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Cancer scare hits cell firms
December 28, 2000: 10:33 a.m. ET

Report: Mobile phone firms face billion-dollar lawsuit over tumor cases
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LONDON (CNNfn) - Mobile phone companies are facing a billion-dollar lawsuit from brain tumor victims in the United States, a report said Thursday.

Lawyer Peter Angelos, who helped win $4.2 billion in damages from the tobacco industry in Maryland, plans to launch 10 claims against the industry, the Times of London said.

The action comes amid concerns among some mobile phone users that radiation from handsets could cause brain cancer, though medical evidence has been unable to prove a definitive link so far.

Verizon Wireless, the largest U.S. cellular operator, a joint venture between Vodafone Group PLC (VOD) and Verizon Communications (VZ: Research, Estimates), will be named in nearly all of the actions.

"There is no real evidence of any link but we can see more claims in coming years as cases increase," Per Lindberg, an analyst at Dresdner Kleinwort Benson, told The British Medical Association warned earlier this year "that children are more likely to suffer from radiation."

John A. Pica, an attorney at Angelos's law firm, told the newspaper: "If these companies knew about the dangers of cell phone radiation they should be punished and they should be punished dearly: not only for what they did in public, but for the billions of pounds of profits made."

Vodafone, which owns 45 percent of Verizon Wireless, said British government sponsored research published this year gave showed there was no link between mobile phone use and brain tumors.

"The Stewart report, the most comprehensive report of its kind so far, gave mobile handsets and base stations a clean bill of health. But the link is something we can never disprove. We need more research." Vodafone told The Times.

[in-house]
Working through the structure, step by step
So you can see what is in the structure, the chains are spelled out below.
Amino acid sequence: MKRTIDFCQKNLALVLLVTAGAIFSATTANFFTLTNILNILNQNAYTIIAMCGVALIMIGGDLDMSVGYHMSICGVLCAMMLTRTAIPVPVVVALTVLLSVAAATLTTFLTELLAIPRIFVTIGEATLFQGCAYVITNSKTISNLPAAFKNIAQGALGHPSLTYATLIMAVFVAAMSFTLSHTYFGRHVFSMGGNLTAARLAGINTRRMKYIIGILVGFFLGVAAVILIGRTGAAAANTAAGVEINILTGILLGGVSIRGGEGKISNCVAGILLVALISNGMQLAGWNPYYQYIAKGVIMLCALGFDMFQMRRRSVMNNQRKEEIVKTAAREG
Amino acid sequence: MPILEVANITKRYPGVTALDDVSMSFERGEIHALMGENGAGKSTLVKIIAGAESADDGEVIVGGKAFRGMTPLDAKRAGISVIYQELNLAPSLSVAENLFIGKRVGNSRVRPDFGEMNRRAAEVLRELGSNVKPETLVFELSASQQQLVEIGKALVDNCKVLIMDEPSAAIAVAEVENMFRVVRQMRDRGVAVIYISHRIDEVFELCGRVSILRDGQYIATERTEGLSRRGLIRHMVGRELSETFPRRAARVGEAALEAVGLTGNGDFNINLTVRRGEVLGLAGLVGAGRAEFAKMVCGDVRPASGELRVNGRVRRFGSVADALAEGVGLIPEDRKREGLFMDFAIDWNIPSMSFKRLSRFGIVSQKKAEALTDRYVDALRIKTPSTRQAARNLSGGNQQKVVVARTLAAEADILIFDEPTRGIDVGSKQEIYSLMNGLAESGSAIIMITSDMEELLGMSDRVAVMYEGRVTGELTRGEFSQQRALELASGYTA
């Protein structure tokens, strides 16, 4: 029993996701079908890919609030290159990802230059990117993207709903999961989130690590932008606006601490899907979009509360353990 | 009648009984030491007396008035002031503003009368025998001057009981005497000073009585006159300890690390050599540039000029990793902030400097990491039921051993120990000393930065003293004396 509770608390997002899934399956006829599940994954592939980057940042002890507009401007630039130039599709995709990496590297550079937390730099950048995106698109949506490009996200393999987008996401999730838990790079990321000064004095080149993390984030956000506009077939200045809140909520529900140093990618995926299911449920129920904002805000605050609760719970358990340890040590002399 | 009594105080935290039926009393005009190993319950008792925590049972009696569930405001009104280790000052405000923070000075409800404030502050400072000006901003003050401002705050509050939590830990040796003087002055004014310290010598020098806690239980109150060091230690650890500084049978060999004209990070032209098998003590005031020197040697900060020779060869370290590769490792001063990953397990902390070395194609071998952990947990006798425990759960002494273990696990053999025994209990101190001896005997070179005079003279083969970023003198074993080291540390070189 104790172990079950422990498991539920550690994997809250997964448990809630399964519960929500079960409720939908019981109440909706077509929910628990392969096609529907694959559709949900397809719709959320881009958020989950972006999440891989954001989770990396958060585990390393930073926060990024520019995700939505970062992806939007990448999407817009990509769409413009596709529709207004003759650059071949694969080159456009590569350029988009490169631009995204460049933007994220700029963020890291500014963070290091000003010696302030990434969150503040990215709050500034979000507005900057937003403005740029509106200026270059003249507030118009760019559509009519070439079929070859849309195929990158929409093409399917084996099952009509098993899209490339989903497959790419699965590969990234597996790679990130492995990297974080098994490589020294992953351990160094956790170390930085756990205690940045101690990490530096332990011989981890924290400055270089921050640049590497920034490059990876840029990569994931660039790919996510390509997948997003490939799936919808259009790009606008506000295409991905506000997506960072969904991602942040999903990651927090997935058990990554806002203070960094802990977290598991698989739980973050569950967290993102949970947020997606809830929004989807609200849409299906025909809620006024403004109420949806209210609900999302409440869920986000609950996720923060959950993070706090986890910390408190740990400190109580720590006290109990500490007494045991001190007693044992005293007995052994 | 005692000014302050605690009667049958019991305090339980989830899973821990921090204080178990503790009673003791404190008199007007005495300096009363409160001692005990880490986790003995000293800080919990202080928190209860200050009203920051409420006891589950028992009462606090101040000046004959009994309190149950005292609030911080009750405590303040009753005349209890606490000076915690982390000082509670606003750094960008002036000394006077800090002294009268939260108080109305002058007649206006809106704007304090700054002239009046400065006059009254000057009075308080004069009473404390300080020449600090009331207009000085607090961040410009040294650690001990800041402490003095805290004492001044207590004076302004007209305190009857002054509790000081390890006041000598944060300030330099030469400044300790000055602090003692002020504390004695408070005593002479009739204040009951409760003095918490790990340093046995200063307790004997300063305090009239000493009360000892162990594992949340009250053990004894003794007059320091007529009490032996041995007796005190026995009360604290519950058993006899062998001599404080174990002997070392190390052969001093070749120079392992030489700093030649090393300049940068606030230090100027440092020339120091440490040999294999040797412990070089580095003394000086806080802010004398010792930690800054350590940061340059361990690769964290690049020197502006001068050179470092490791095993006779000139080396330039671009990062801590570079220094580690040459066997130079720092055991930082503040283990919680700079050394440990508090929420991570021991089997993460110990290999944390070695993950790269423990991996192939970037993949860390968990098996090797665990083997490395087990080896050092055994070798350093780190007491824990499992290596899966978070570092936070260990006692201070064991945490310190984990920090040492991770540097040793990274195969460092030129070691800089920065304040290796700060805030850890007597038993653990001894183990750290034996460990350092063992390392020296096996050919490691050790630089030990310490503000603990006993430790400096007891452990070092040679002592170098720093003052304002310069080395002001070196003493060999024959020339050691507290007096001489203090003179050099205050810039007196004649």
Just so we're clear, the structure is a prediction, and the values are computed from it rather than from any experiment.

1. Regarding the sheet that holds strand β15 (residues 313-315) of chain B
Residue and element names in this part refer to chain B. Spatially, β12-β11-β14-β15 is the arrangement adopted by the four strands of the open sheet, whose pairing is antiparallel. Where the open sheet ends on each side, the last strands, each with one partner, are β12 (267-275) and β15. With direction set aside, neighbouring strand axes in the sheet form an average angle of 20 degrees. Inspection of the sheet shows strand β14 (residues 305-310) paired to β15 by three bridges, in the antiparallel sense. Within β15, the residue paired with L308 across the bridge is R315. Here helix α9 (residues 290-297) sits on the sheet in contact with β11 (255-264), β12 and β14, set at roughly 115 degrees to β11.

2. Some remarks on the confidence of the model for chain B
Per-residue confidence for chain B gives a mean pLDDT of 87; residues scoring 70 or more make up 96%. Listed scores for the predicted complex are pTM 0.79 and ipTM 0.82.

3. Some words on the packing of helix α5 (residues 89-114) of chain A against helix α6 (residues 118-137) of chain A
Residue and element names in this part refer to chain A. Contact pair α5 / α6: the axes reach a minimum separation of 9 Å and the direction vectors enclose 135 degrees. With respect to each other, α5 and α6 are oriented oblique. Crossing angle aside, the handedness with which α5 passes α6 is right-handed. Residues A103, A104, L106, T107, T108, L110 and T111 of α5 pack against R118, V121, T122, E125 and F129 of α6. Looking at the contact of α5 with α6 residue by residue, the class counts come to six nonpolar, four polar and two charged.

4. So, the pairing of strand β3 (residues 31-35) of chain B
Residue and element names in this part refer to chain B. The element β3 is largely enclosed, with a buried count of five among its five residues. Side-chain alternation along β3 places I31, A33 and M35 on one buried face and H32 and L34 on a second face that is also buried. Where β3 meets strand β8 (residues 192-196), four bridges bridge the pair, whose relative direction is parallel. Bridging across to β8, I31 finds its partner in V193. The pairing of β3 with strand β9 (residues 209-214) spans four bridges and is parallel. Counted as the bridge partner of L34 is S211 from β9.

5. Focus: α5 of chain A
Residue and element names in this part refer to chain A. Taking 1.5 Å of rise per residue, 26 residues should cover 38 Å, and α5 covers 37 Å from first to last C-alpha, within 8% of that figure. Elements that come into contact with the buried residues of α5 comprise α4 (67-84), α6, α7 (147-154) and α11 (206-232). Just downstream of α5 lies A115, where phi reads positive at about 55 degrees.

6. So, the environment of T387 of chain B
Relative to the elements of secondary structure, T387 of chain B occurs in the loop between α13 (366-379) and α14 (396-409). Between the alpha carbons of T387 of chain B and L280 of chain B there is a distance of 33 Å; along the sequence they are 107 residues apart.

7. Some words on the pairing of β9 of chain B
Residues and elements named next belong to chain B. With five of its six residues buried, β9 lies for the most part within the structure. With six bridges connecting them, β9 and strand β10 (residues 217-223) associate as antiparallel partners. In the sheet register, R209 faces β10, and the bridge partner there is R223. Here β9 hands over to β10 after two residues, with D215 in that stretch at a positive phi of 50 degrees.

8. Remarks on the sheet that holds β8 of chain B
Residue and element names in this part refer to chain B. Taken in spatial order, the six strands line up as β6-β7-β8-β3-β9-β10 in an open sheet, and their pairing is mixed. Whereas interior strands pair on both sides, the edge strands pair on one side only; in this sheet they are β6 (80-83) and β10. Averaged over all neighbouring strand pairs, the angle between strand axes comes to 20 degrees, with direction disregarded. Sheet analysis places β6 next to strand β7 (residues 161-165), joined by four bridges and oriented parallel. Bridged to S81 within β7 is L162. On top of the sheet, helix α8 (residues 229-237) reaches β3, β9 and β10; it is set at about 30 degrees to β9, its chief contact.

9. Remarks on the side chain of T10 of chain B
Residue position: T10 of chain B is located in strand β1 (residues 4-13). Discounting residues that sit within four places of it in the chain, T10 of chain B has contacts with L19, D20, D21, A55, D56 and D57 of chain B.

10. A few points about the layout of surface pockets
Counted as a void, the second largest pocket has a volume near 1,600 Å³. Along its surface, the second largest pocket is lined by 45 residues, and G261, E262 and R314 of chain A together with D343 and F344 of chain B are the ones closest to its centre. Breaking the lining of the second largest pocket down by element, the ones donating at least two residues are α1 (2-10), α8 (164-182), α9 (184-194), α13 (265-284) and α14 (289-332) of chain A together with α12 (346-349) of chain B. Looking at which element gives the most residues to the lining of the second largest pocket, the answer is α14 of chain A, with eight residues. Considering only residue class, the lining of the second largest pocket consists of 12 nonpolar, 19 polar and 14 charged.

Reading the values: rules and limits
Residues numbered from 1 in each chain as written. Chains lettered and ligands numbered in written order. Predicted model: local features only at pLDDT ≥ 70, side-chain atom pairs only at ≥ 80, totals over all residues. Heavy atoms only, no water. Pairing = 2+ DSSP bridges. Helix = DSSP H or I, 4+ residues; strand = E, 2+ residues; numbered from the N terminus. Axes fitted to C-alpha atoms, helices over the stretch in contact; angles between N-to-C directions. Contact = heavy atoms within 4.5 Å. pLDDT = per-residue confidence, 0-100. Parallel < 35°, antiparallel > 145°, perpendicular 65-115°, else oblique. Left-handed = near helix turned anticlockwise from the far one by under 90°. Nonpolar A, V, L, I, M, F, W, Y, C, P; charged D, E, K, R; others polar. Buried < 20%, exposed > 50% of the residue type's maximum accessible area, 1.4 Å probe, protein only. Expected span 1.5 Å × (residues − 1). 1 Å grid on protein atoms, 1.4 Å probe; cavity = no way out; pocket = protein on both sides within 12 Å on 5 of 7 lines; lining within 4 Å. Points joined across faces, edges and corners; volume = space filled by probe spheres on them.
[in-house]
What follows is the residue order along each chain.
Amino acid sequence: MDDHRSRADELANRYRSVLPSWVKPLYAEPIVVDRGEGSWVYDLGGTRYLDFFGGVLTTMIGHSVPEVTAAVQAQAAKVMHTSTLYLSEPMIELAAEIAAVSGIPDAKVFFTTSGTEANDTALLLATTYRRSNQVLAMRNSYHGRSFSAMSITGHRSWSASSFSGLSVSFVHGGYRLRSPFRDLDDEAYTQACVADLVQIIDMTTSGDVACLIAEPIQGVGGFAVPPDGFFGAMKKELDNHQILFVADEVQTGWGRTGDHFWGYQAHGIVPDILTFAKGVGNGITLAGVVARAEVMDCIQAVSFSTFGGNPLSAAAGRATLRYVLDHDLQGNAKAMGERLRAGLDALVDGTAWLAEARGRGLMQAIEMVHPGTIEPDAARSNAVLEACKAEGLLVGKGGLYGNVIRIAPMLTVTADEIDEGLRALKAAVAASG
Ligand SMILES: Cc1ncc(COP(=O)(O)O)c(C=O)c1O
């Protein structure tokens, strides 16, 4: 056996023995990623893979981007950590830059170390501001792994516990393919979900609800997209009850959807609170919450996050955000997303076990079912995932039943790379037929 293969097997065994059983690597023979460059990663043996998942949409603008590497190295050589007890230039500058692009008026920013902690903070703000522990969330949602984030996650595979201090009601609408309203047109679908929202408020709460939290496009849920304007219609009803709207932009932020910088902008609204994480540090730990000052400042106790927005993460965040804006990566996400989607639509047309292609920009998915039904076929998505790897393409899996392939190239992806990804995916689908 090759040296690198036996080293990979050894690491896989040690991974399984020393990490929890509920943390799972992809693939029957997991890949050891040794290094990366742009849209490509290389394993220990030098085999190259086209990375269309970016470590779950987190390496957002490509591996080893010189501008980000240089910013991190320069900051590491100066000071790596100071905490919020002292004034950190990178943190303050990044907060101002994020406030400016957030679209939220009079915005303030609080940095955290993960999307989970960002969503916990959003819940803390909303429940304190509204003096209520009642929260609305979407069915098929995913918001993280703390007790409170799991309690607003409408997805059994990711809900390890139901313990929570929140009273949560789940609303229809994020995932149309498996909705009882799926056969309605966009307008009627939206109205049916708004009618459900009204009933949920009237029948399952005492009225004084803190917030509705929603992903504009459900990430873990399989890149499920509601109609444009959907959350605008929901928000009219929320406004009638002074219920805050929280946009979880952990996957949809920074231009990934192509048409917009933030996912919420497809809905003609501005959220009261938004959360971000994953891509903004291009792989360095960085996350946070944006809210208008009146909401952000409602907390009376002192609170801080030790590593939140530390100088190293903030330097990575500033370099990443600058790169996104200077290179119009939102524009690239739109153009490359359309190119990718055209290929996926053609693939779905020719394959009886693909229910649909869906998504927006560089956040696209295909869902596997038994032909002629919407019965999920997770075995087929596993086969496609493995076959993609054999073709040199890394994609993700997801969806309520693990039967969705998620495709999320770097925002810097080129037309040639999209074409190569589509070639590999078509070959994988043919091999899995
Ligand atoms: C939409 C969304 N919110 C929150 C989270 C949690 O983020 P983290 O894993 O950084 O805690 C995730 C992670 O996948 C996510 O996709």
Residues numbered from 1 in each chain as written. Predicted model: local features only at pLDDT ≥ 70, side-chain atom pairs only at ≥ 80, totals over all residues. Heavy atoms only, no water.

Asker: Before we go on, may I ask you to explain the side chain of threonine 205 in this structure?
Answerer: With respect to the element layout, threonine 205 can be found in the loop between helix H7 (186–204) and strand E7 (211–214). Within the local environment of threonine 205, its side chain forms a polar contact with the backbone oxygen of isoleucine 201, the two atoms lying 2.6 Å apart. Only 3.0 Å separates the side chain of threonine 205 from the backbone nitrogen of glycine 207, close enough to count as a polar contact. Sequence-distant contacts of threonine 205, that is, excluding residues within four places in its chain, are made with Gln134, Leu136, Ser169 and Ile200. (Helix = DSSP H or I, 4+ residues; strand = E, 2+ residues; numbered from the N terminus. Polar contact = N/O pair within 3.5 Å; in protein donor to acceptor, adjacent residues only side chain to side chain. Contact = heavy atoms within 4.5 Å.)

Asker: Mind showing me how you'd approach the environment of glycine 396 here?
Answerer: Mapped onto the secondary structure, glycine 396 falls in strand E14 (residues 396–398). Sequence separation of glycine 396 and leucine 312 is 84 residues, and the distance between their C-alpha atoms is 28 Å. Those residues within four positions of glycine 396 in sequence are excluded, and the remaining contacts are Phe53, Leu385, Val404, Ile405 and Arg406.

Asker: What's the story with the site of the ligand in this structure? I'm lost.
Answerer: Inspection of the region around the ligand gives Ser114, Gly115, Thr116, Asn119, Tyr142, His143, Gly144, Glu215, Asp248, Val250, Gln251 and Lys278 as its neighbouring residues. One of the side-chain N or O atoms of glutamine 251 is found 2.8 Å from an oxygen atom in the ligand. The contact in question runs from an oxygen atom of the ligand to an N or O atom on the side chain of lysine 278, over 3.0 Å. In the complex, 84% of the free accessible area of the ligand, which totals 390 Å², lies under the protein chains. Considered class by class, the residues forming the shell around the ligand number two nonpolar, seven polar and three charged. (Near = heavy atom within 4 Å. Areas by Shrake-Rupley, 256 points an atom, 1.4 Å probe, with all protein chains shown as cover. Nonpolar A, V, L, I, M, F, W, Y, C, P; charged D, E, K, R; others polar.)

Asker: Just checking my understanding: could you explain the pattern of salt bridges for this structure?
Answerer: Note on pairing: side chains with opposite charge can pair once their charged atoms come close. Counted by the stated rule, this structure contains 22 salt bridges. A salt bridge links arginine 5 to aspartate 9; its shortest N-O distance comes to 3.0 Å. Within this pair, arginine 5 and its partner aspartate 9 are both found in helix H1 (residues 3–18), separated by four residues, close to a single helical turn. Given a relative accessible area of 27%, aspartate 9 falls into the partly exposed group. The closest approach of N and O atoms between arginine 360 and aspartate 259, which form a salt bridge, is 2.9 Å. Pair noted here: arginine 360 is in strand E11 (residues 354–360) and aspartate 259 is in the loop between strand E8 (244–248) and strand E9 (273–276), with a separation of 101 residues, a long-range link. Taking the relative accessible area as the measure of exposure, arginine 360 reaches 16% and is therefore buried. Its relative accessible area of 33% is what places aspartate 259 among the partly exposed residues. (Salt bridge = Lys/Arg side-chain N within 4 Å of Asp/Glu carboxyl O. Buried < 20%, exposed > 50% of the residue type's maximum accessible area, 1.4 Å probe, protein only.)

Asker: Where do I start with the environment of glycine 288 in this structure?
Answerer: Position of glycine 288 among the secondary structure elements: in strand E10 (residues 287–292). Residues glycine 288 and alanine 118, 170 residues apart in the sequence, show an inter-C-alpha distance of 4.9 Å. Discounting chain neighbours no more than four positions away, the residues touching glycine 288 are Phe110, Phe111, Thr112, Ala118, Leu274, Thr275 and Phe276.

A recent study in the United States indicated that though there was some cause for concern in the potential for cell phone usage to cause illness, there was no clear link between the devices and an increased incidence of cancer.

Vodafone's Mike Caldwell criticized the newspaper report as sensationalist and told CNNfn: "This is the most blatantly misleading headline of the year."

He said Vodafone is not involved in any current litigation in the U.S. and is unlikely to be so as it does not trade there. "Vodafone is a shareholder of Verizon Communications only, and as such will not be the target of a US lawsuit," claimed Caldwell.

Angelos' firm earned nearly $1 billion in fees from the Maryland tobacco settlement, and plans to file two claims before March and the rest within a year, according to the paper. Each claim will be filed against a mobile handset manufacturer, a mobile phone network provider and a local "land-line" telephone company.

A Maryland neurologist filed an $800 million lawsuit against handset maker Motorola Inc (MOT: Research, Estimates). in August as well as eight other telecommunications companies and organizations, claiming that his use of cell phones caused a malignant brain tumor.

John Trotter, a partner specialising in product liability at London law firm Lovells, said such cases needed an expert willing to say there was a possibility of a link. Lawyers would hope that a court would grant them access to mobile companies' documents.

"They may be hoping that discovery of documents would turn up something showing there was some sort of knowledge (of possible harm) among the product manufacturers," Trotter said.

Shares in Verizon slipped almost 1 percent to $50 and Vodafone (VOD), the world's biggest mobile phone operator, fell 2.1 percent to 232.5 pence, while Finland's Nokia, the world's biggest handset maker, rose almost 1 percent in Helsinki.

"Vodafone has been named in the article that's why its share price has been hit so hard, but Nokia has a 35 percent share of the U.S. market. So I am surprised about how hard Vodafone has been hit in relation to Nokia and other cellphone makers," Lindberg said.

Analysts expect mobile phone companies to extend the practice of placing health warnings on mobile phones, something that already happens in some U.S. states. However, Nokia told that there was no need for warnings.

"We understand the concerns of the public and welcome research into this matter," Papio Hedman, Head of Communications at Nokia, said. "We adhere to emission standards set by the authorities."

"Televisions, microwave and radios give out more radiation," Hedman said.

--from staff and wires graphic


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